The youngster is making waves across Europe
The rise of Georgia wing Davit Niniashvili
Davit Niniashvili is too shy to respond when asked to describe his strengths as a player, but his Lyon and Georgia team-mate Beka Saginadze is sitting alongside and chips in: “Speed, strong in attack and contesting for a high ball.”
Fortunately for club and country, Niniashvili is not so shy about displaying those strengths on the pitch. He was twice named Player of the Match on Lyon’s journey to winning the European Challenge Cup final – in the pool win over Perpignan and the quarter-final triumph over Glasgow in which he scored a brace – and has added a spark to Georgia’s back-line, too, since making his debut aged 18 against Ireland in the autumn of 2020.
A fast learner who can play on the wing or at full-back, he has adapted well as he’s moved through the ranks. He was first called into the Georgia set-up as a 17-year-old; the pandemic resulted in the cancellation of the U20 World Championship, so he was unable to show his talents on the age-grade stage, but Levan Maisashvili named him in an extended senior squad in mid-2020.
A few months later, he was coming off the bench at the Aviva Stadium in the Autumn Nations Cup, with Maisashvili impressed by his maturity.
“When I first trusted him with a game, which was against Ireland, the thing I appreciated most was that he didn’t go back to his mistakes and focused on the next job,” says the Lelos head coach of the winger’s ability to put errors behind him. “This is one of the characteristics that distinguishes an experienced player from an inexperienced one.”
Maisashvili also notes how well the teenager takes on feedback and implements suggestions from his coaches and team-mates – “I do not remember giving him the same remark twice”.
He has settled in just as well at Lyon, where he signed as an ‘espoir’ (think academy player) for the 2021-22 season but has gone on to establish himself in the first team, playing in more than a dozen league matches and being a regular starter in their European campaign.
He has scored important tries too; there was a 78th-minute winner against Racing 92 in January while his pace came to the fore with his double against the Warriors. At the end of the season he was selected by the Barbarians for their fixture against an England XV at Twickenham and then helped Georgia beat Italy – their first-ever win against a Six Nations team.
“The Top 14 was my dream from childhood,” says Niniashvili, who took up the game aged eight at RC Khvamli in Tbilisi. Swimming, basketball and football were his other sporting pursuits when he was younger, but the friends made and relationships built in rugby saw the oval ball win out, so it’s little surprise he mentions Saginadze in aiding his transition in France. “He helped me to adapt to life in Lyon. I really enjoy living and playing here.”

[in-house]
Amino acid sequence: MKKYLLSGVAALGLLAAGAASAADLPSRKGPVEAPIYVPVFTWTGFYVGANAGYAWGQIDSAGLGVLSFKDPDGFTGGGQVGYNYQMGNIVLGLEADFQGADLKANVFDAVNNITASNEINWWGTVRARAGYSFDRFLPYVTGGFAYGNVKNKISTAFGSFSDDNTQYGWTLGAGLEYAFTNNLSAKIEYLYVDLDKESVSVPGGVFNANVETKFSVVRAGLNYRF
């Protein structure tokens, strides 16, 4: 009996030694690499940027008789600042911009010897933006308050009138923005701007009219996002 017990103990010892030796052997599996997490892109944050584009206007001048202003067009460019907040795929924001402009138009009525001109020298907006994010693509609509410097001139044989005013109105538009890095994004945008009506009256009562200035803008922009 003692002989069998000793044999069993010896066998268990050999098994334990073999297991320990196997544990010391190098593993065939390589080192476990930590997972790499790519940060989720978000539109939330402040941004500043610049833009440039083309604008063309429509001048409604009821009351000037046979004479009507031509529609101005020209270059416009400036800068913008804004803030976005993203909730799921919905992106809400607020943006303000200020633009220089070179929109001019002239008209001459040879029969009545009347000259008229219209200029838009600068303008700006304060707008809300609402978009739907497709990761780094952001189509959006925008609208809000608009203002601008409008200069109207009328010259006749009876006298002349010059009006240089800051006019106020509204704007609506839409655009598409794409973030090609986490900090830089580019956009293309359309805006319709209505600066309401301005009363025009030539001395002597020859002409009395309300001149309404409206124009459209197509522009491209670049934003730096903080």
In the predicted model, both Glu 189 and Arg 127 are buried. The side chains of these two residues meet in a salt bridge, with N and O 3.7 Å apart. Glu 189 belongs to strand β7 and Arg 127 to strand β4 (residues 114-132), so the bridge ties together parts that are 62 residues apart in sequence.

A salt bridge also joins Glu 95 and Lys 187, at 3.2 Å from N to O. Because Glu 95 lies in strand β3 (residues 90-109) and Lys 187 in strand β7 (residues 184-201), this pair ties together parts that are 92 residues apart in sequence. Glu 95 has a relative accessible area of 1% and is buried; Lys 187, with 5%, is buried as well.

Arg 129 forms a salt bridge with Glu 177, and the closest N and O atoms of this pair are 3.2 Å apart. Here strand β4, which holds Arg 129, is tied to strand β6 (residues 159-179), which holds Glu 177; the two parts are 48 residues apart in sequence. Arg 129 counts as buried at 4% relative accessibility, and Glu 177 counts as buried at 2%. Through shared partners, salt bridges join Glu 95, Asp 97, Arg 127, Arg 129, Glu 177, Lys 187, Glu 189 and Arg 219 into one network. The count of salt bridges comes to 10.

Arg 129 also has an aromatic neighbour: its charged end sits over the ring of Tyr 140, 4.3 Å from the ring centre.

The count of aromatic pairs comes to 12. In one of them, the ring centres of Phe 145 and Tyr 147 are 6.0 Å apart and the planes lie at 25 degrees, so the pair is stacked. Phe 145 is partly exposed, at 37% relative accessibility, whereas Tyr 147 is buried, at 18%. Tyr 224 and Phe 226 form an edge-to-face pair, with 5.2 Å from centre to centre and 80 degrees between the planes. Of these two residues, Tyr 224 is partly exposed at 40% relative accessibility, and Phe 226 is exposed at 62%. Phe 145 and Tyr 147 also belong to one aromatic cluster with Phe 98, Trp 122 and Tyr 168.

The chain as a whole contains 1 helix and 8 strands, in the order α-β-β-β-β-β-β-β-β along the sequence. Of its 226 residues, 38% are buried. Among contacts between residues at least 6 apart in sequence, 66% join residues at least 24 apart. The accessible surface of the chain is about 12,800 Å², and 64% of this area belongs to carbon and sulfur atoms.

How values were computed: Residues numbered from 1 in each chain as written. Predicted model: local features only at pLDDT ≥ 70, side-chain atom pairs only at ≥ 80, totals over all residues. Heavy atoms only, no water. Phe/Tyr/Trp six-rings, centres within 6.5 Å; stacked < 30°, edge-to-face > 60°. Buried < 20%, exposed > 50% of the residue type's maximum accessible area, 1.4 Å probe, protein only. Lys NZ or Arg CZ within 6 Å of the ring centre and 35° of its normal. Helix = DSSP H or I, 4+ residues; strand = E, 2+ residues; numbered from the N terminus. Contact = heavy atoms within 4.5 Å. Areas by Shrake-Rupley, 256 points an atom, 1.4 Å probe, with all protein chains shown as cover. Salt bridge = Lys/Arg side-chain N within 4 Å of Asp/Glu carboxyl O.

Front-rowers have long trodden a path from Georgia to the Top 14 but these days they are joined by back-rowers, scrum-halves, wings… The Lelos may be famed for their pack and particularly their scrummaging ability, but players like Niniashvili highlight how they are trying to evolve a more all-court game.
If they are to challenge for a quarter-final place at next year’s Rugby World Cup, they will need to be a threat with ball in hand as much as at the set-piece. Niniashvili is keen to stress the importance of having both elements and adds: “This will be the first World Cup for me and I hope I’ll show my best.”
He has a clear idea of what he wants to achieve as a player and that focus is also highlighted by Maisashvili: “He achieves everything he sets as a goal. His quick adaptation (to Test rugby) is due to his bold nature – he who does not dare does not achieve the result – as well as hard work and perseverance.
“Hard work is definitely his strongest side. Humble and self-critical, he also excels in good communication and has good analytical skills. He is strong in the contact area, explosive and loves to take the lead in the game.”
That work ethic is a point Niniashvili himself echoes, recognising what it takes to reach the top of the game. Away from developing his rugby, he is a keen cook and he certainly has all the ingredients to become a national star, if not a world one.
As former All Blacks fly-half Lima Sopoaga, who plays alongside him at Lyon, says: “I really enjoy Nini’s style of rugby. He’s young, ambitious and carefree when it comes to rugby. A kid who is super eager to learn and always putting in 100%.
“He has a massive, massive future in the Top 14. I won’t be surprised if he becomes one of the premier wingers/full-backs in the years to come.”
Niniashvili names Mamuka Gorgodze and Merab Kvirikashvili as his rugby heroes. Given what he has already achieved, you can envisage him joining them in the pantheon of Georgian greats.
This article originally appeared in the July 2022 edition of Rugby World.
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